Now, I don’t have kids at home squinting over laptops and emptying the refrigerator. I also don’t live with annoying housemates, nor have I been suddenly cut off from work buddies since I’ve worked at home for years. But in the Before Times I lived among fictional dystopian scenarios, not living through actual ones. This particular dystopian reality has shaken me and sometimes isolation is chokingly real. As the pandemic death toll climbs and new strains are morphing, I’m venturing out less and less often. Sure I text with my besties, but I’m also taking part in fewer live conversations and actual gatherings. Did I mention it’s been raining a lot?

Which means I’m rethinking things so I don’t lose connections to people who mean a lot to me. Which means I cannot drift, waste time, or ruminate too much on sad news and wretched circumstances.  Which means I cannot spend hours doomscrolling or switching on CSPAN or newscasts, agitated and worrying about might be.

Passionate about politics for decades, this whole political mess in Washington has been a distraction beyond description. On days when it seems more theater than reality I can scarce turn away. On days when it seems democracy itself is on the line, I’m bedeviled and pissed off. I follow House votes, Senate floor arguments,  committee hearings, pundits pontificating, historians explaining, Justice Department machinations,  protests growing shriller, and study reporting,  political columnists, newsfeeds, Twitter feeds, voting lines, and lawsuits. The list goes on and my inbox runneth over. The drama, the stakes, the ire all draw me in like a cartoon magnet until too often I look up guiltily to acknowledge another hour has vanished.

While smugly informed, gentle reader, you might recognize the results were chronic stress. Making me jittery and struggling to concentrate.

Too often missing the poetry of everyday life, including its wonders and tiny miracles.

Enter routines and habits to the rescue. Routines are a lifeline. Scaffolding. I’ve written about it here before. I’m starting small on re-upping former habits because small successes are easy to keep repeating, laying the ground for bigger accomplishments. For example, for some odd reason I stopped wearing earrings. It doesn’t seem like much, but I love earrings, own many pairs, some dear to me. So I’m wearing earrings as I have for years.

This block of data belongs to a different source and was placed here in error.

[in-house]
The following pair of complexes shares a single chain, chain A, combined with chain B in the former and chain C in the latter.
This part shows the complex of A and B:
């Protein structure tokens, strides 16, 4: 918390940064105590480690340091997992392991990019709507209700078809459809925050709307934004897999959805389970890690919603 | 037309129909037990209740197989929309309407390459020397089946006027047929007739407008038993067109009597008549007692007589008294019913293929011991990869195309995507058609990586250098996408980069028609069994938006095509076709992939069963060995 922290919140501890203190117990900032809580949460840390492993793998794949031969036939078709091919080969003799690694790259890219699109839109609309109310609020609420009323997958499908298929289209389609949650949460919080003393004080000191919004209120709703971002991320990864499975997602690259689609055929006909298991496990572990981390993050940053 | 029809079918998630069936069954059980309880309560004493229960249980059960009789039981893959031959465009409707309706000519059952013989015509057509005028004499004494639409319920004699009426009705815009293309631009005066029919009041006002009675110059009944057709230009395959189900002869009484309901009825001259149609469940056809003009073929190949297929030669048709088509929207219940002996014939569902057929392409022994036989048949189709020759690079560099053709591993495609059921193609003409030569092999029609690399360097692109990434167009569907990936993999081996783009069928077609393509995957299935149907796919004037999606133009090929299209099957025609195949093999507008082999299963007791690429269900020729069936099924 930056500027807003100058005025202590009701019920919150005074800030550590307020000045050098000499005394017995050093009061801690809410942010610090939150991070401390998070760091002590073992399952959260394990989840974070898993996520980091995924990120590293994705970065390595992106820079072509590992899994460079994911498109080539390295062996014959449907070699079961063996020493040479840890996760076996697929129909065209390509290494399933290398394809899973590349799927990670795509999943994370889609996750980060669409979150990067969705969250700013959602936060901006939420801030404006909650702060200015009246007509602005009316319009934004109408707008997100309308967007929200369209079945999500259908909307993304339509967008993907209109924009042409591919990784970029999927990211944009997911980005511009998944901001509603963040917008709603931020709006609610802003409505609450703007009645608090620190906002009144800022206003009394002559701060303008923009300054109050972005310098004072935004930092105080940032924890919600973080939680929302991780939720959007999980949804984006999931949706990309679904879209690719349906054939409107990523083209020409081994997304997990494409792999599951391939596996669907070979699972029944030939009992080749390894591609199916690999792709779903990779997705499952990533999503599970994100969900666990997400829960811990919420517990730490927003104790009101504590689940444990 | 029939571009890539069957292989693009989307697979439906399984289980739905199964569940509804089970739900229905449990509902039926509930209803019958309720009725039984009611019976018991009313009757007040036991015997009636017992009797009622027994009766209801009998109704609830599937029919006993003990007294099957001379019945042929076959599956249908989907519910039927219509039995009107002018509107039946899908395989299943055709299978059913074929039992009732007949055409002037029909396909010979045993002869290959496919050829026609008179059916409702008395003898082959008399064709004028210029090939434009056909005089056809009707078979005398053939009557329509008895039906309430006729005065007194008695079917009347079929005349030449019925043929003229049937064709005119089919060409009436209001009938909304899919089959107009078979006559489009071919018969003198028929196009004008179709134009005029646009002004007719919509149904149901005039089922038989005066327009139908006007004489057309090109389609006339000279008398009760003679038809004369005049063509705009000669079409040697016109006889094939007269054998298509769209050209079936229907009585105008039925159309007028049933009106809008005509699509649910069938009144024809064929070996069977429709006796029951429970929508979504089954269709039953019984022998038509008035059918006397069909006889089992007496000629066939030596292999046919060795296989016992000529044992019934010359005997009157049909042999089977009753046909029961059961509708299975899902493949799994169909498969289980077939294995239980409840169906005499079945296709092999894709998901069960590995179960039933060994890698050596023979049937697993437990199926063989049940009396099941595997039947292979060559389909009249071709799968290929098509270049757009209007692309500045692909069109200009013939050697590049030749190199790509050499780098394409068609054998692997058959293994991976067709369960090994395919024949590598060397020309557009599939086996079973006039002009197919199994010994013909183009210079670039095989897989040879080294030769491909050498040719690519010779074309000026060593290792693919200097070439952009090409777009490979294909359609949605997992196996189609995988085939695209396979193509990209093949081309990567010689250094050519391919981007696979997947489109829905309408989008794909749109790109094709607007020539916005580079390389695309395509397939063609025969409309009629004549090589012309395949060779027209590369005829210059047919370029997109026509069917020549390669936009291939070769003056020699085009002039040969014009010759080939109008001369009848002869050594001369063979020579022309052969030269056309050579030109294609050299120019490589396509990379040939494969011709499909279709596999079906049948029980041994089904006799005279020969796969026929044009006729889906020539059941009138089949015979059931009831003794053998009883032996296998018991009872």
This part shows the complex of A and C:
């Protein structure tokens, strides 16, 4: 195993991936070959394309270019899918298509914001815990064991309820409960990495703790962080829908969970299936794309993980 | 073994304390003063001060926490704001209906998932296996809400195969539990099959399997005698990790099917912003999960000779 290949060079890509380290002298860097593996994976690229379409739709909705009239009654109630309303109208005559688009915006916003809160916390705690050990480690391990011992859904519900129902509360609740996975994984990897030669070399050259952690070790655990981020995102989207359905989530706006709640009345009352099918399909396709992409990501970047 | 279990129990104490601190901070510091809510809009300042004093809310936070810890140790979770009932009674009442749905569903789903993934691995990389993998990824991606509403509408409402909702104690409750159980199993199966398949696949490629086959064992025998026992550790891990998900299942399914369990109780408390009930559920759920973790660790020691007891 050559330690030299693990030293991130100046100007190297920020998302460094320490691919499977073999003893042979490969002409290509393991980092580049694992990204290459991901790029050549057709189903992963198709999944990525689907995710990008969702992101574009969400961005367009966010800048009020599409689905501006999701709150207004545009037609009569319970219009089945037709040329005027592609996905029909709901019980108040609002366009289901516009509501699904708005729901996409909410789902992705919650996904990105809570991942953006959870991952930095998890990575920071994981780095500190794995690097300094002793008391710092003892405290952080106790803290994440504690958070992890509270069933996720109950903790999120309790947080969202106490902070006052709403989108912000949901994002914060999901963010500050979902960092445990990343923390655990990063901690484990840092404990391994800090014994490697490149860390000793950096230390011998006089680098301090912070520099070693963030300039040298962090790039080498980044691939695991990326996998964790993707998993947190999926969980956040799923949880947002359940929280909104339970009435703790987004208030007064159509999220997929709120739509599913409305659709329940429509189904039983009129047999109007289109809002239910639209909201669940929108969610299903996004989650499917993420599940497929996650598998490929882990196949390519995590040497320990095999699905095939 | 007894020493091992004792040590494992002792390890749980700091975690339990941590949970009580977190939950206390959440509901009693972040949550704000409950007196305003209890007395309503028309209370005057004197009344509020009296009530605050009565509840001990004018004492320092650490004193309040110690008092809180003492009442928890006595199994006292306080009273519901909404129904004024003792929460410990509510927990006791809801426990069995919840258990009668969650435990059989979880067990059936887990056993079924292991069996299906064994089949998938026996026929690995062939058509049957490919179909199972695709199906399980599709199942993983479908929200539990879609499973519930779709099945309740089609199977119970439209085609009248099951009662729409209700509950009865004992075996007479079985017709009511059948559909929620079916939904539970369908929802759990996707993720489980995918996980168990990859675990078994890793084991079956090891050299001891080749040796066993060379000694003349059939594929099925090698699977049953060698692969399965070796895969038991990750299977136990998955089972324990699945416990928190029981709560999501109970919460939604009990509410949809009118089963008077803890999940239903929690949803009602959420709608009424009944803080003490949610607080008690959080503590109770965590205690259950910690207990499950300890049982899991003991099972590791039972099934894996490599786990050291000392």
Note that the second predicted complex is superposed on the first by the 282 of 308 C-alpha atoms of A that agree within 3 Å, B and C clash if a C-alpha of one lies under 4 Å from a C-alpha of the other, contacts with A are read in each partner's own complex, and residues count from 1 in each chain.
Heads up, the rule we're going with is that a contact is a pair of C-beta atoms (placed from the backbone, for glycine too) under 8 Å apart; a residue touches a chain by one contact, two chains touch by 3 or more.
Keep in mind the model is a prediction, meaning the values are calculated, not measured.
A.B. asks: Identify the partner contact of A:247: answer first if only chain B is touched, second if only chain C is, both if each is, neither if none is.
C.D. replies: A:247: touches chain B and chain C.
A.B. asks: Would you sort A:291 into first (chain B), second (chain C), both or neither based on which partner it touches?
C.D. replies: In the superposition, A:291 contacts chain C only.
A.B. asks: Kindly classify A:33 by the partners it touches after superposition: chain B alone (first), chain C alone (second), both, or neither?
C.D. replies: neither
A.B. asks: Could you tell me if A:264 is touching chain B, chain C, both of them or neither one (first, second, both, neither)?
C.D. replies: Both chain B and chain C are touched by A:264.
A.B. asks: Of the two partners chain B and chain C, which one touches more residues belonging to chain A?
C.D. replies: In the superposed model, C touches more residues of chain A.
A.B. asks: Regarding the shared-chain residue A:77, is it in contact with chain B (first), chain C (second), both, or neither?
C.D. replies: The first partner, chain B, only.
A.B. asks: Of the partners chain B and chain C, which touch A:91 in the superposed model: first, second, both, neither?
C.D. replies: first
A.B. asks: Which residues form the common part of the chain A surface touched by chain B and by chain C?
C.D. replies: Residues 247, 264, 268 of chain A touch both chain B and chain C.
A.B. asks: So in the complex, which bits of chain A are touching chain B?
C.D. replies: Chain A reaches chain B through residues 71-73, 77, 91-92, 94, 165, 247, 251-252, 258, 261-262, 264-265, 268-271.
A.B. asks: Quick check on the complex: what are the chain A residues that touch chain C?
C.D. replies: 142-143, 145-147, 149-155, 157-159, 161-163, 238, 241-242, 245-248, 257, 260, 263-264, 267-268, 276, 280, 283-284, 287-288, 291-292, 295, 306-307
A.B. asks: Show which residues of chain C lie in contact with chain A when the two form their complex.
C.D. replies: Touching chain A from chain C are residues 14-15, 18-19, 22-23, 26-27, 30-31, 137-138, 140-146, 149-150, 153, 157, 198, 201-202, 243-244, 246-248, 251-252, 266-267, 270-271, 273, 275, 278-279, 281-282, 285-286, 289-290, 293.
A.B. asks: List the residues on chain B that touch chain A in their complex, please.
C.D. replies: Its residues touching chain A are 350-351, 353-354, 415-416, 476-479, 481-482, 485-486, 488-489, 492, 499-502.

This might sound trivial, but this bitsy practice still shifts energy,  gives me a pick-me-up.

My life unspools best when my surroundings are orderly. Since childhood I’ve made my bed every morning. I vacuum regularly, give the house a good cleaning every season, washing curtains, moving furniture to vacuum behind, cleaning windows. My Midwestern ancestors were good housefraus, lives structured around meal making, housework, and laundry. Their houses smelling of lemon Pledge and baking bread. Despite this upbringing and spending years in restaurant kitchens, I’ve also fallen into a wee bad habit of abandoning dirty or greasy pans to soak in the sink. Sometimes a day or two passes and I ignore them or guiltily replenish the sudsy water from time to time. I hadn’t realized how much I dislike scrubbing pans until my energy was depleted. So I’m no longer allowing pans to fester no matter the elbow grease required.

As long as I’m confessing, I’m also removing clothes from the dryer right after it jingles merrily. Because I’ve been ignoring it, though I did step into the laundry room and push the button to send the clothes round for another fluff. This too might sound trivial, but I’ve noticed that procrastination leads to more slacking. Mail and recycling piles up. Clothes and items to be donated mound on the only chair in my bedroom. Or I end up with an office cluttered with papers and detritus. Which is why I’m starting small.